The opinion of the court was delivered by: RICHEY
Before the Court are defendants' two motions for partial summary judgment, along with memoranda in support thereof and in opposition thereto. This case involves two distinct issues relating to the status of the estimated hundreds of thousands of El Salvadoran nationals currently residing illegally in the United States. Defendants' first summary judgment motion involves a decision by the Attorney General not to grant the El Salvadoran nationals "Extended Voluntary Departure", hereinafter "EVD", status, which, according to Count I of plaintiff's Complaint, would have had the effect of a blanket insulation from deportation procedures for all Salvadoran nationals now in the United States until such time as the turmoil in that country subsides. The second of defendants' motions for partial summary judgment relates to Count II of plaintiffs' Complaint and the procedures utilized by the Immigration and Naturalization Service (INS), after considering advisory opinions from the Department of State, in reviewing applications for asylum made by Salvadoran nationals now illegally in the United States.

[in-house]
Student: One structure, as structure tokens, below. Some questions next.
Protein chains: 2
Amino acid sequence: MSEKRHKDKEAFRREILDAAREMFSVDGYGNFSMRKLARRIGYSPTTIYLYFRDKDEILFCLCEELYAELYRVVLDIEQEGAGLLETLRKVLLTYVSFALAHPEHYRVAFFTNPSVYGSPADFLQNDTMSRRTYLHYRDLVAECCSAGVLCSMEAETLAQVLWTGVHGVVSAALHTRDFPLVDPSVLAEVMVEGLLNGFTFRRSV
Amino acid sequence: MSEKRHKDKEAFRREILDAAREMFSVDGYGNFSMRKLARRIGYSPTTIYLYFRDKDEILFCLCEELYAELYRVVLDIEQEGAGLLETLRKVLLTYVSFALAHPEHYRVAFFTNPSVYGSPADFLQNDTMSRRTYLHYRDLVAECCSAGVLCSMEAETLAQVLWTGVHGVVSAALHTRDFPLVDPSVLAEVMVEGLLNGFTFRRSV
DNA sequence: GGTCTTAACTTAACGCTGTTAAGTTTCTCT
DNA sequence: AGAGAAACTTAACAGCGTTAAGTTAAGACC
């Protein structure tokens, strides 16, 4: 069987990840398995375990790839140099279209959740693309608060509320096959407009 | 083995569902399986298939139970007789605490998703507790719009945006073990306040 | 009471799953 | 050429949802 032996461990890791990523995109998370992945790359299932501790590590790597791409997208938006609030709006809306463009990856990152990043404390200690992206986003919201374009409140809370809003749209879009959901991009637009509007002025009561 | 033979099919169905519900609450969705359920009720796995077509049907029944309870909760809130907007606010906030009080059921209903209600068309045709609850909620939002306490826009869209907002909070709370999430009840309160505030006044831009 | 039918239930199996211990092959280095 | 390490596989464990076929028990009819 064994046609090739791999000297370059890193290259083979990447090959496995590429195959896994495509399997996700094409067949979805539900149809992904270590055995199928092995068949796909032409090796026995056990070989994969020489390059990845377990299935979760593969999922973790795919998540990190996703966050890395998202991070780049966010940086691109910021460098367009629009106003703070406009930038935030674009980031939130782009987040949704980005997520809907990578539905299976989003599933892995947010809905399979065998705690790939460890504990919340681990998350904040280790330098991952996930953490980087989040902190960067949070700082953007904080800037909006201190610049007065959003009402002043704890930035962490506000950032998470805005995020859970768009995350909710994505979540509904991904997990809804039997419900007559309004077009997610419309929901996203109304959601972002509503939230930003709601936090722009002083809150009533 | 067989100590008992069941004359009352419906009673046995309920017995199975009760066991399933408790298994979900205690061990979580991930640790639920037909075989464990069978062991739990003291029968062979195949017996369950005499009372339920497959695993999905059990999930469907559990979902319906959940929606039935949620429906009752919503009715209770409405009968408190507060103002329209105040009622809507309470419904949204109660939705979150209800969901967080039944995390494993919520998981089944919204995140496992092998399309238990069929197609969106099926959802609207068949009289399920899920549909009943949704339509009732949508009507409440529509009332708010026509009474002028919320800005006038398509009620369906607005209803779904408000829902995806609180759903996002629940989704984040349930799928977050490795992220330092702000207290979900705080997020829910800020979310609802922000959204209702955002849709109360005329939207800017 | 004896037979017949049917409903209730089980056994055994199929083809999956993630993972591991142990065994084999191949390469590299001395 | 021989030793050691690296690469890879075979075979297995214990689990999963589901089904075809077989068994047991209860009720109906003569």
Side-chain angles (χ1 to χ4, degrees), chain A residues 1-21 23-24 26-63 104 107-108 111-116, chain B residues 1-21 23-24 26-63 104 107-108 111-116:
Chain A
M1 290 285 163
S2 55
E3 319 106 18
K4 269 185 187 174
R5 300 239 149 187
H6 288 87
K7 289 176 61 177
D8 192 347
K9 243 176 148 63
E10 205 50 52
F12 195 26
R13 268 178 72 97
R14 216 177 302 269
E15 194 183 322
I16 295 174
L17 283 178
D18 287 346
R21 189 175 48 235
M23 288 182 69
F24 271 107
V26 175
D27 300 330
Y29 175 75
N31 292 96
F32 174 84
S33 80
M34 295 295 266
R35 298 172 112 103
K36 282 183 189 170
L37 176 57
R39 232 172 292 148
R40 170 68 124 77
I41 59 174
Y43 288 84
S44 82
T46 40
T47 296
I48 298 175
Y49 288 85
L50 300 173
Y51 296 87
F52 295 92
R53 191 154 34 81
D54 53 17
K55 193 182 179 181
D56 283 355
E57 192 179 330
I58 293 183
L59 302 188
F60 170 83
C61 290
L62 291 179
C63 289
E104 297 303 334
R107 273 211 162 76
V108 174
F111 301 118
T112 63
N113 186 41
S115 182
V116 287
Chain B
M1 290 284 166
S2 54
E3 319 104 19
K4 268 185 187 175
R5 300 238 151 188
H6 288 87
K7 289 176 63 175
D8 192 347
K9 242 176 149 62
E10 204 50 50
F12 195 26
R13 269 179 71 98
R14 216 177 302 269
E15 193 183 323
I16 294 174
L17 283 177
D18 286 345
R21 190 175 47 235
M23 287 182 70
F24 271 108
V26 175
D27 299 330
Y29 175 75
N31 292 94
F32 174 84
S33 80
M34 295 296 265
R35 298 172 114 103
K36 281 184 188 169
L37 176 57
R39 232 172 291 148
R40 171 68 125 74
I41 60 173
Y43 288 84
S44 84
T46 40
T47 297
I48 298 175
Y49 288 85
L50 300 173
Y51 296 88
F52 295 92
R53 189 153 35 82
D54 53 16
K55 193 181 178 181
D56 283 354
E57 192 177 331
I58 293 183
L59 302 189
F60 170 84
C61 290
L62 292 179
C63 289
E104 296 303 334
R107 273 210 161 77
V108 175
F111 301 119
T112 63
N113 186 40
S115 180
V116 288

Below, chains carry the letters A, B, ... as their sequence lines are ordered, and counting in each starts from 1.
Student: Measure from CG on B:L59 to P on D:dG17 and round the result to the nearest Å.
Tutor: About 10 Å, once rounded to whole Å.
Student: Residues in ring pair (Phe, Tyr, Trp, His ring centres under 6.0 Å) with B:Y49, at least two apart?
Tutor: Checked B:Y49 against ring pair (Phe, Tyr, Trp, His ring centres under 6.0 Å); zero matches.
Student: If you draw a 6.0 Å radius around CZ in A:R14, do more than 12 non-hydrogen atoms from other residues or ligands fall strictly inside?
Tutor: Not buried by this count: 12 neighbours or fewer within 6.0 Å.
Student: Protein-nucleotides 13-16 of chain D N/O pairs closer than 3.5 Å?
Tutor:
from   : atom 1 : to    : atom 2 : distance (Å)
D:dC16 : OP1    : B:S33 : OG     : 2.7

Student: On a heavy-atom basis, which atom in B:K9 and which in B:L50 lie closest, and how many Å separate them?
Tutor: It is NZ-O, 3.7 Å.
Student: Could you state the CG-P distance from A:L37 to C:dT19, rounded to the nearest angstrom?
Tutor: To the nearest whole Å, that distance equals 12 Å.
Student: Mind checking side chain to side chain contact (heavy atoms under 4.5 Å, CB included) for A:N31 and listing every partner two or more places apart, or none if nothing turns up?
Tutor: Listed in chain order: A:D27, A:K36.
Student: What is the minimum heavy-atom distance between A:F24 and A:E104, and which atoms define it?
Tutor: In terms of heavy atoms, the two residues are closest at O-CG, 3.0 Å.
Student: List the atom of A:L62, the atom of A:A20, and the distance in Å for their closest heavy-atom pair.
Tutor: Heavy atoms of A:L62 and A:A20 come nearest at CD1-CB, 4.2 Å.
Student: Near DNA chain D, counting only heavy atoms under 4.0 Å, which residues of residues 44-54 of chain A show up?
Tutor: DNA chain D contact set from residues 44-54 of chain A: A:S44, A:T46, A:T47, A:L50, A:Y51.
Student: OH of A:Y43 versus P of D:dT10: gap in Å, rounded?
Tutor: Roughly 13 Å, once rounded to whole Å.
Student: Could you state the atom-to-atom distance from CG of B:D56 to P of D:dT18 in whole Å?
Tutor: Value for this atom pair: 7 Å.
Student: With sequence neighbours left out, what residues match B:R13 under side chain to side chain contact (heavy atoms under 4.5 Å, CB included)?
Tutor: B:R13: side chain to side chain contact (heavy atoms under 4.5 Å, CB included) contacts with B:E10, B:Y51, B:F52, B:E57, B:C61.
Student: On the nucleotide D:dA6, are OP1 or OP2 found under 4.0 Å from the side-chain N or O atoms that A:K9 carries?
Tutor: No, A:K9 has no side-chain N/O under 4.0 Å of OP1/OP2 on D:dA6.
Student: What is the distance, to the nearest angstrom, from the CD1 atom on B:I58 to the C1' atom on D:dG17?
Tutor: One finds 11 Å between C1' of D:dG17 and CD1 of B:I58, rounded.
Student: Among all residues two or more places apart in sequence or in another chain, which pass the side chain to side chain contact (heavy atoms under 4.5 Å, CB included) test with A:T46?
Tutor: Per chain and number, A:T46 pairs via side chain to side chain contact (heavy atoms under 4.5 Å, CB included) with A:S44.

Plaintiffs in this case are the Hotel and Restaurant Workers Union, whose membership is largely made up of Salvadoran nationals, and a plaintiff/intervenor, Mauro Hernandez, himself a Salvadoran national, currently residing in this country. They have brought this suit seeking both declaratory judgments and injunctive relief on both the EVD and asylum issues. See 563 F. Supp. 157.
Plaintiffs claim that Salvadoran nationals are entitled to be granted blanket EVD status. They base this assertion on what they perceive as the controlling "humanitarian" standard for such action, which would require the Attorney General to extend EVD status to Salvadorans. Plaintiffs allege that the result of the Attorney General's denial of EVD is to deprive Salvadoran nationals of the protection of the Due Process Clause of the 5th Amendment to the U.S. Constitution. Defendant argues that this is a matter of the Attorney General's absolute discretion on issues of foreign and prosecutorial policy, and as such finds no basis for judicial review under the Administrative Procedure Act or the Constitution beyond whether the decision was rationally based. The Court agrees. Defendants further argue that EVD is extra-statutory, and as such is not a right or privilege to which due process considerations attach, an argument with which the Court also is in agreement.